The Department of Business Innovation and Skills (BIS) recently commissioned an investigation into pregnancy discrimination and dismissal. Please see the report here. Around 1 in 9 mothers were either dismissed or made redundant as a result of pregnancy).
Under Section 18 of the Equality Act 2010 pregnancy and maternity discrimination occurs when an employer treats women unfavourably during the protected period because she is on maternity leave or because she is exercising or seeking to exercise the right to maternity leave
The protected period under the Equality Act is defined as when the pregnancy begins and ends. Workers and agency workers are covered under the Equality Act as well as employees.
The following examples can constitute pregnancy discrimination:
- Treating the pregnancy unfairly because of pregnancy-related illness
- A pregnant employee not being able to attend a disciplinary hearing because of a pregnancy-related illness
- Performance issues because of morning sickness
- Not being able to carry out certain work because of Health & Safety risk
Case Example: South West Yorkshire Partnership NHS Foundation Trust v Jackson & Others. The Claimant was on maternity leave but did not receive an email concerning redeployment opportunities. The company was undergoing a redundancy exercise. An email was sent to her work email address but she was not at work and not accessing her emails all the time.
It is also possible to discriminate against pregnant employees on the grounds of indirect discrimination and victimisation.
Preferential treatment for a pregnant employee who is at risk of redundancy:
The Maternity and Parental Leave Regulations 1999 state that where a woman is on maternity leave she has the right to be offered a suitable alternative vacancy. This means that she will rank higher than other employees at risk of redundancy. This is a rare case of positive discrimination within the Equality Act and Parental Leave Regulations.
If a vacancy exists that is not on substantially less-favourable terms then the pregnant employee has to be offered it.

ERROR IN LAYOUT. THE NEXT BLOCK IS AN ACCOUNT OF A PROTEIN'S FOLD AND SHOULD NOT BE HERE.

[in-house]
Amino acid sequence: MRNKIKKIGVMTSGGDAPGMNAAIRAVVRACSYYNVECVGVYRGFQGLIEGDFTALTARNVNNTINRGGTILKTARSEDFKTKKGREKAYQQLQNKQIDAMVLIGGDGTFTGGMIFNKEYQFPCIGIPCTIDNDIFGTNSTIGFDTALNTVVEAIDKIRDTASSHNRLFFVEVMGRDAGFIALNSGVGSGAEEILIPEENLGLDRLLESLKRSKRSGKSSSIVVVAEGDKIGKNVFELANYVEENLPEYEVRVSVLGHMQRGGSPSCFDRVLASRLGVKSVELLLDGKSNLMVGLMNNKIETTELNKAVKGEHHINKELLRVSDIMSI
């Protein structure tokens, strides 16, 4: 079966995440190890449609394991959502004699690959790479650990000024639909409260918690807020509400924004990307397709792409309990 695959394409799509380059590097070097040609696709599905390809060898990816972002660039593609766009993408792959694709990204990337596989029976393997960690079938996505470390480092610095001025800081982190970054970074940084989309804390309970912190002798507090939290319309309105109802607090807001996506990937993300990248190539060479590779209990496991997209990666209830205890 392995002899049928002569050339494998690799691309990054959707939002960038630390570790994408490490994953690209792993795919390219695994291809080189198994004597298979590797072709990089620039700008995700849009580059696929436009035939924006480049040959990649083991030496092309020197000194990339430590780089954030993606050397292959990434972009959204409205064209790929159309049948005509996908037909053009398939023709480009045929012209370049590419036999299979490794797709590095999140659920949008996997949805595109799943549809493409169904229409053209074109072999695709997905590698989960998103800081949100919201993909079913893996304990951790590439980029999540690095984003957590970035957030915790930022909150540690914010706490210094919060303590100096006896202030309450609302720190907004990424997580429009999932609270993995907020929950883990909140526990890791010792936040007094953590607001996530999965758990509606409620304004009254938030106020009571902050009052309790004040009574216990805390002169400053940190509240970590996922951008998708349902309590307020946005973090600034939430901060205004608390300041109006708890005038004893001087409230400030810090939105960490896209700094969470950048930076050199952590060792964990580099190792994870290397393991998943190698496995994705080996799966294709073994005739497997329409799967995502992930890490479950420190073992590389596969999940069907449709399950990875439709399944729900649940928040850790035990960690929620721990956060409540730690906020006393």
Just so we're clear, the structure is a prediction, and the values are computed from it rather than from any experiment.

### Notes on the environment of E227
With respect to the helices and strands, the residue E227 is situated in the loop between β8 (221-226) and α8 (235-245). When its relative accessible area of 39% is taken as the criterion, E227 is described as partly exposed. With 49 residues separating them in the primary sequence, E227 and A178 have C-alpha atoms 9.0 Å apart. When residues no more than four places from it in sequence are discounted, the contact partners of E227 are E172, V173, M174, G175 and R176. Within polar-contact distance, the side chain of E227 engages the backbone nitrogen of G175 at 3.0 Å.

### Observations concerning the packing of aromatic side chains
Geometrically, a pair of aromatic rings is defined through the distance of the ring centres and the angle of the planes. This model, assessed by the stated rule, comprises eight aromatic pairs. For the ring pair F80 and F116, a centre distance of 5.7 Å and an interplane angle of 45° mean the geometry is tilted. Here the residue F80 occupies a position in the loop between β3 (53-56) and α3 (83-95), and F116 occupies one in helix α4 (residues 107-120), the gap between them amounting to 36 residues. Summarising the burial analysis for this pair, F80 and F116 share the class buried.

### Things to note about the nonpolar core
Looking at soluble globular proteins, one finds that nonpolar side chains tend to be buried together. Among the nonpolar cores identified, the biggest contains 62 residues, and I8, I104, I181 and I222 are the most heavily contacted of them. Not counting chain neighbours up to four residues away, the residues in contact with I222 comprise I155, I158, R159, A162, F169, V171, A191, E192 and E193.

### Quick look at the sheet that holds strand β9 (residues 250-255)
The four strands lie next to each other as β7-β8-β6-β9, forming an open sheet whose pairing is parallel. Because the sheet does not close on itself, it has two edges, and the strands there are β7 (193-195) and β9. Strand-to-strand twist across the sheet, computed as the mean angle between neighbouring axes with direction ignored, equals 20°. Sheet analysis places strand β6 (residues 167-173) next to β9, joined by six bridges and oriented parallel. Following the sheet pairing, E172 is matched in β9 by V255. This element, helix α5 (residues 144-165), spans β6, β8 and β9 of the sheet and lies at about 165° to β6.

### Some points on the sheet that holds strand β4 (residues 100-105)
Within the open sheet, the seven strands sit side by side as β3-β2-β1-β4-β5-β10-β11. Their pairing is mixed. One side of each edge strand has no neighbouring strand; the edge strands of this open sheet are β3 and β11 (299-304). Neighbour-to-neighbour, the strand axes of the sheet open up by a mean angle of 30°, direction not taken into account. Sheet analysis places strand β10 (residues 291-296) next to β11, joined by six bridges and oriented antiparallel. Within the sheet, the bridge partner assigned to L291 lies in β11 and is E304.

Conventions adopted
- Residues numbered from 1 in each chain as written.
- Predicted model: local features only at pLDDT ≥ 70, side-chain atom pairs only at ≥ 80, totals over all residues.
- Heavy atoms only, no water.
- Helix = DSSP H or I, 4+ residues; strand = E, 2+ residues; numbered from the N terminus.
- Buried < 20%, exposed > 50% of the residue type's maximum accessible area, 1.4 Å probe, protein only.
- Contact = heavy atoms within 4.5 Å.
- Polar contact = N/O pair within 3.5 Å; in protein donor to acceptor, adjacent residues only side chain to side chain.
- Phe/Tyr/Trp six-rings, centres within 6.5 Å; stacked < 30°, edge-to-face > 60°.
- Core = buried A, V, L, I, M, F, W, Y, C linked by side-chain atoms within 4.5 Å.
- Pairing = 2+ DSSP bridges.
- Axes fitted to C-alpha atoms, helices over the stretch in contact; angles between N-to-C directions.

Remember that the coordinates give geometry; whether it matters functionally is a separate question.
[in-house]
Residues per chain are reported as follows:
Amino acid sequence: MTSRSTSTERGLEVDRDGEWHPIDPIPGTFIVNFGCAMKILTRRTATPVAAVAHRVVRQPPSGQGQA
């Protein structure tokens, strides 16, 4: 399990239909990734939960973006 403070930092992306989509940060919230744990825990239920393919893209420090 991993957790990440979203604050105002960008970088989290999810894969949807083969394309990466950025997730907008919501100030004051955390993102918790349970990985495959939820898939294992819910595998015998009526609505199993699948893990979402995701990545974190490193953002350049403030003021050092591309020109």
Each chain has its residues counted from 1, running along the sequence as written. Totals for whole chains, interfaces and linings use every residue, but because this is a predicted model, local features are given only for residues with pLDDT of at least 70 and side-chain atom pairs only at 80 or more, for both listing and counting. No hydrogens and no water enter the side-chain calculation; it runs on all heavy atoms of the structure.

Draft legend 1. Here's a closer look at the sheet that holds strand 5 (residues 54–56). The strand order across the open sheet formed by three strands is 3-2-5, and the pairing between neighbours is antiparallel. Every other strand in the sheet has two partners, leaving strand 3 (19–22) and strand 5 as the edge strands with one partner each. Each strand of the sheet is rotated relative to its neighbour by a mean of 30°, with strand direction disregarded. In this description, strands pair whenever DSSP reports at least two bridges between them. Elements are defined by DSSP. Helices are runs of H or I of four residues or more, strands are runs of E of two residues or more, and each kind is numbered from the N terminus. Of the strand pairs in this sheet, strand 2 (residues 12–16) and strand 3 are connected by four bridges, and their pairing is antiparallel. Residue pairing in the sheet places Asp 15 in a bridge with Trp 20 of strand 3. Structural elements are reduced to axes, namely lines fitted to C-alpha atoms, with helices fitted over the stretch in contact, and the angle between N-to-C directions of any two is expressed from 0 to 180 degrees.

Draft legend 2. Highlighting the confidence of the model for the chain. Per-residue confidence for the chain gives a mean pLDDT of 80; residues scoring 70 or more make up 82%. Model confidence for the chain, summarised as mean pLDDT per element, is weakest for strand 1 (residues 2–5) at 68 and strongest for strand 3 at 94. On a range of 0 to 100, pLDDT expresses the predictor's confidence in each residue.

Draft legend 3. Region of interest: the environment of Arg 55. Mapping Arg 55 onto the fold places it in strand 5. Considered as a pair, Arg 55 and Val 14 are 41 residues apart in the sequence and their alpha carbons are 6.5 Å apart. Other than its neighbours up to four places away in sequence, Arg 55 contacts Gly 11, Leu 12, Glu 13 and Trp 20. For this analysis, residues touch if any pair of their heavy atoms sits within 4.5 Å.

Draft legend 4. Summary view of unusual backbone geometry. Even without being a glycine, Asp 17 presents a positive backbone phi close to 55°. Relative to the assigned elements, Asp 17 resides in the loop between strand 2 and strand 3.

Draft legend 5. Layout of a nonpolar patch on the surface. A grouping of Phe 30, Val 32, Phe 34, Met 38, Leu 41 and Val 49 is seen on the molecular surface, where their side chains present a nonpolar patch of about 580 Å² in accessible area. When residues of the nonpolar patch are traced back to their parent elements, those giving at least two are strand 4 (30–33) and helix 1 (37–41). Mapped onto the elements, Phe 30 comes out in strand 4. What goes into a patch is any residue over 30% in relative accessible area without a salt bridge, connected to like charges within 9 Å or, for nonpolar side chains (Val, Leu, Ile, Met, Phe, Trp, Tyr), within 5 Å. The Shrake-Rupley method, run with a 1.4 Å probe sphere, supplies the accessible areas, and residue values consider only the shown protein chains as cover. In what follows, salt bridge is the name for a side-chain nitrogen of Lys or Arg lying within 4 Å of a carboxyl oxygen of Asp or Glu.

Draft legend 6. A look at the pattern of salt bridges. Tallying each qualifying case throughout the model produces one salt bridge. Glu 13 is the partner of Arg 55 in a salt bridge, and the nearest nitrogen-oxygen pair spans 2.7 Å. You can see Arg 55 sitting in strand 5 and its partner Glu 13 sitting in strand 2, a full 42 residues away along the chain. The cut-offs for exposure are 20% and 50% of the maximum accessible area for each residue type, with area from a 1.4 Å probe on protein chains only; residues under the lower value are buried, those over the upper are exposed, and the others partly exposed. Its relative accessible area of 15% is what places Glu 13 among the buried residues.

This does not mean that women are completely immune from being put at risk of redundancy if they are pregnant or on maternity leave. A man might justifiably complain if a woman is excluded from a pool of potentially redundant employees.
For example in the Employment Tribunal case of Eversheds v De Belin, Mr De Belin was marked down for lack of performance and a pregnant employee in the same redundancy risk pool was given a notional maximum score.
The Employment Appeal Tribunal decided this was wrong and that his performance should have been compared to the last time that the pregnant employee was in work, before they commenced maternity leave.
Returning to work after ordinary maternity leave:
- An employee is entitled to return to the same job in which she was employed before her period of maternity leave on terms no less favourable than those which had applied.
- This does not apply if the job no longer exists.
- The rule is slightly different for pregnant employees returning from additional maternity leave. An employee is entitled to return to the same job subject to this being reasonably practicable. However, the onus is on the employer to prove that it is not reasonably practicable.
- In many cases, it won’t be practical on behalf of the employee because of childcare commitments to return to the same role or the same hours. In this situation, an employee is entitled to submit a flexible working request.
Pregnancy Risk Assessment
There is an obligation under Regulation 16 of Management of Health & Safety at Work 1999 for employers to carry out a pregnancy risk assessment. All risk to the employee should be removed as far as possible. Section 67 of the Employment Rights Act 1996 ensures an employee is suspended on full pay where it is not possible to work due to Health & Safety reasons because of pregnancy.
If an employer fails to carry out a risk assessment or a detailed enough assessment then this could be an act of direct sex discrimination.
Compensation for Pregnancy Discrimination
Compensation is assessed in accordance with the Vento guidelines and the following bands:
- Band 1 - £900 - £8,800;
- Band 2 - £8,800 - £26,300;
- Band 3 - £26,300 - £44,000
Contact Our Pregnancy Discrimination Lawyers
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